I cannot imagine anyone will step forward with a better offer. I agree with Sir Walter Scott and
Shocked Taxpayer on all the points they made.
The Opera House has been one of several indefensible drains on taxpayer funds and this was a golden chance to put it in competent, self-financing private hands. The mayor and council should put this back on the agenda and reconsider favorably.


Posted: Friday, August 03, 2012
Article comment by: Really .

You know who I blame? Barack Obama.

Posted: Friday, August 03, 2012
Article comment by: Can't Afford To Give It Away

Like with the racetrack in Fainland, the bid for this opera house was ridiculously low. And, like the Yavapai Downs, the bid was rejected. Do people really expect the city to sell it for 18% of its assessed value? If so, I'd like to buy your $300K house - I'll give you $50K for it. And when you reject it, I'll scoff at you and call you all kinds of ridiculous names. I knew the elderly of Prescott were a bunch of cheap cowboys, but COME ON!

Posted: Friday, August 03, 2012
Article comment by: And so it is

Incompetence in many jobs, mine included, gets one FIRED. Obviously we have to wait to "fire" elected officials until election time. And so it shall be. This is just another example of blatant incompetence displayed by city leadership. Buying golf carts for the money-pit golf course, bribing Trader Joe's to come to town, along with this fiasco and various other things should wake the citizens up.

Like it's really some big surprise that real estate isn't bringing in what has been "put in to it". Freaking DUH! And when you have something that is losing money, you could help yourself by selling it at a lower price. At least the city would reap some cash from it. Not like many homeowners who are selling and LOSING lots of money just to avoid a foreclosure.

p.s. With all this in mind, we should still not resort to the bungling ways of a certain former mayor. Just because he may be right on this particular matter, doesn't mean we need his services in the future. We can do better.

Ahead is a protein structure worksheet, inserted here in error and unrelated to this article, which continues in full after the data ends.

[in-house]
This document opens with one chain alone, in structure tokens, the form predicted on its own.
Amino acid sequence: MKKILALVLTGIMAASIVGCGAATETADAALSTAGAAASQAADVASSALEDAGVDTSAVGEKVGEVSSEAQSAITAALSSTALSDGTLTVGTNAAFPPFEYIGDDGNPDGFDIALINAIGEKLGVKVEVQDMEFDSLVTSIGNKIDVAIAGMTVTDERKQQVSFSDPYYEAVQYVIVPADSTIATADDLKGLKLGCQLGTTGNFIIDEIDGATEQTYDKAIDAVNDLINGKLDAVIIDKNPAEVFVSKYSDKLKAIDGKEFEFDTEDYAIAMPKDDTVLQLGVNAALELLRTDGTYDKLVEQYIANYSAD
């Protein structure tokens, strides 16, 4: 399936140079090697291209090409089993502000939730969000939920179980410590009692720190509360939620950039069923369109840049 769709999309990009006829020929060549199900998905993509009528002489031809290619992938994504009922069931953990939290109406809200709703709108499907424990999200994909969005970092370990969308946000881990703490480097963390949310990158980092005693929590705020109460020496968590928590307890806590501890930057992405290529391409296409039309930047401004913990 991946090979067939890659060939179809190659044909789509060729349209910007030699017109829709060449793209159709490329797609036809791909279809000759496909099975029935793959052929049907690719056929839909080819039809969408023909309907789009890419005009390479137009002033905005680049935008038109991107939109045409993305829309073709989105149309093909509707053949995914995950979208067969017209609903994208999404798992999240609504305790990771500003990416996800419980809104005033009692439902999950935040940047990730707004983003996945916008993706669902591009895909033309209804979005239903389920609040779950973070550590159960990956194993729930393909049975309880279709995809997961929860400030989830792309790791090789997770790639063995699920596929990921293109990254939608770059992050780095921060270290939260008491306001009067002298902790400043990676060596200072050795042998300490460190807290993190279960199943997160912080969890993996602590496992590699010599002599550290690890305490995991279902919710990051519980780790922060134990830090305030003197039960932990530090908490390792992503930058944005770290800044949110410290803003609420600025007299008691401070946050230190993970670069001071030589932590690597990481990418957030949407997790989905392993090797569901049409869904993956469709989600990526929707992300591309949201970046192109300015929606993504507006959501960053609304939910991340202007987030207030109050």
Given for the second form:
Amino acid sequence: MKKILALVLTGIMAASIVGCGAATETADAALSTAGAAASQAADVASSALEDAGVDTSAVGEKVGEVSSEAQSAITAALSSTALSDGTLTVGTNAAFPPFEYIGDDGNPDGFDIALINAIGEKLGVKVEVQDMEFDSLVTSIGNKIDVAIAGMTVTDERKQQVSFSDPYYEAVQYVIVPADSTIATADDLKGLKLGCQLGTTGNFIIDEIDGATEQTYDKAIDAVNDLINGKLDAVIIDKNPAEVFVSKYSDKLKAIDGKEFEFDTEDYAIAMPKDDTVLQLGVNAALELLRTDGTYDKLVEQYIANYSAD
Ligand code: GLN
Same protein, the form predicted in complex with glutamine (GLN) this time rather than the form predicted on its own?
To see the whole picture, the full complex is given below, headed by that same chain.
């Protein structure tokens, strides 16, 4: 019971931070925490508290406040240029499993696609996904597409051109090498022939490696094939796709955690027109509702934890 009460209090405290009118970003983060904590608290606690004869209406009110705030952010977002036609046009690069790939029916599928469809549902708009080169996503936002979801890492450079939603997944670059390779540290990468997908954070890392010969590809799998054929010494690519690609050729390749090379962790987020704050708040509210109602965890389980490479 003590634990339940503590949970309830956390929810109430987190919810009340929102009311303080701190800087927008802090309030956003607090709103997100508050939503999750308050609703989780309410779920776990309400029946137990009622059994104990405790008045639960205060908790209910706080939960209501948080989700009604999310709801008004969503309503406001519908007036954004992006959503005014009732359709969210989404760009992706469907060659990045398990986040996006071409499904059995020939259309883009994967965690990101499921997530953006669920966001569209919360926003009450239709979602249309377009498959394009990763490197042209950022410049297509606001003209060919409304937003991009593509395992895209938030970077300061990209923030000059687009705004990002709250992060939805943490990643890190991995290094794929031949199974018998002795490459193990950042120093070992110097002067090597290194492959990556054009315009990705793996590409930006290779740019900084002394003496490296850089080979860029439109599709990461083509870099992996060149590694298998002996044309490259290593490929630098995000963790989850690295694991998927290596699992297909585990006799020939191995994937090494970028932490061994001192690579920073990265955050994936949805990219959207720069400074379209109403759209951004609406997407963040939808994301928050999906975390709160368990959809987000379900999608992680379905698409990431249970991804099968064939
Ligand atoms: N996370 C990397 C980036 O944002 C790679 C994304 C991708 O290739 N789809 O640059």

Posted: Friday, August 03, 2012
Article comment by: some oldguy

make it a package deal take the $500K and throw in Antelope Hills GC. CUT YOUR LOSSES.... How long before you have to ask for another take hike to pay for the losses you are running? NO MORE - Enough sell them or resign.

Posted: Friday, August 03, 2012
Article comment by: Clement R

Heck, they ought to pay someone to take this place off their hands. There is no way that place is viable.

Posted: Friday, August 03, 2012
Article comment by: Would Make A Great 'Church'

Stock market veterans know that sometimes you have to take a loss. Apparently the city feels free to ride those losses and continue to saddle us with them in the hopes that someday they will get our money back - haha! Everyone knows it would be wiser to unload it to a solid, trustworthy entity now.

I have seen a fringe religious group with lots of money (from God knows where) buy a downtown theater and turn it into a church, bringing it's own form of 'worship' - parties, rock concerts and other wild and noisy theatrics to appeal to the young folk. Pastors are now primo entertainers, in case you missed it on the teevee, and they bring in other 'acts'. Google 'Skull Church' to read for yourself about this one.

The previous private owners of that downtown theater got their price, but it is the entire community who are paying the price in the continuing loss of a valuable downtown community asset that had broad appeal to everyone.

In the case of churches, they hold special privileges and tax-exempt status that the average citizen could only dream of. Don't expect to peer into the finances or control what goes on in their protected places of 'worship'.


Posted: Friday, August 03, 2012
Article comment by: guy noir

I recently sold a house for less than I paid for it nine years ago plus the improvements I had put into it. I didn't like selling at a loss, but felt it was the best offer I was going to get, and it allowed me to stop paying for maintenance, insurance, utilities and property taxes. I also had to be realistic about the real estate market.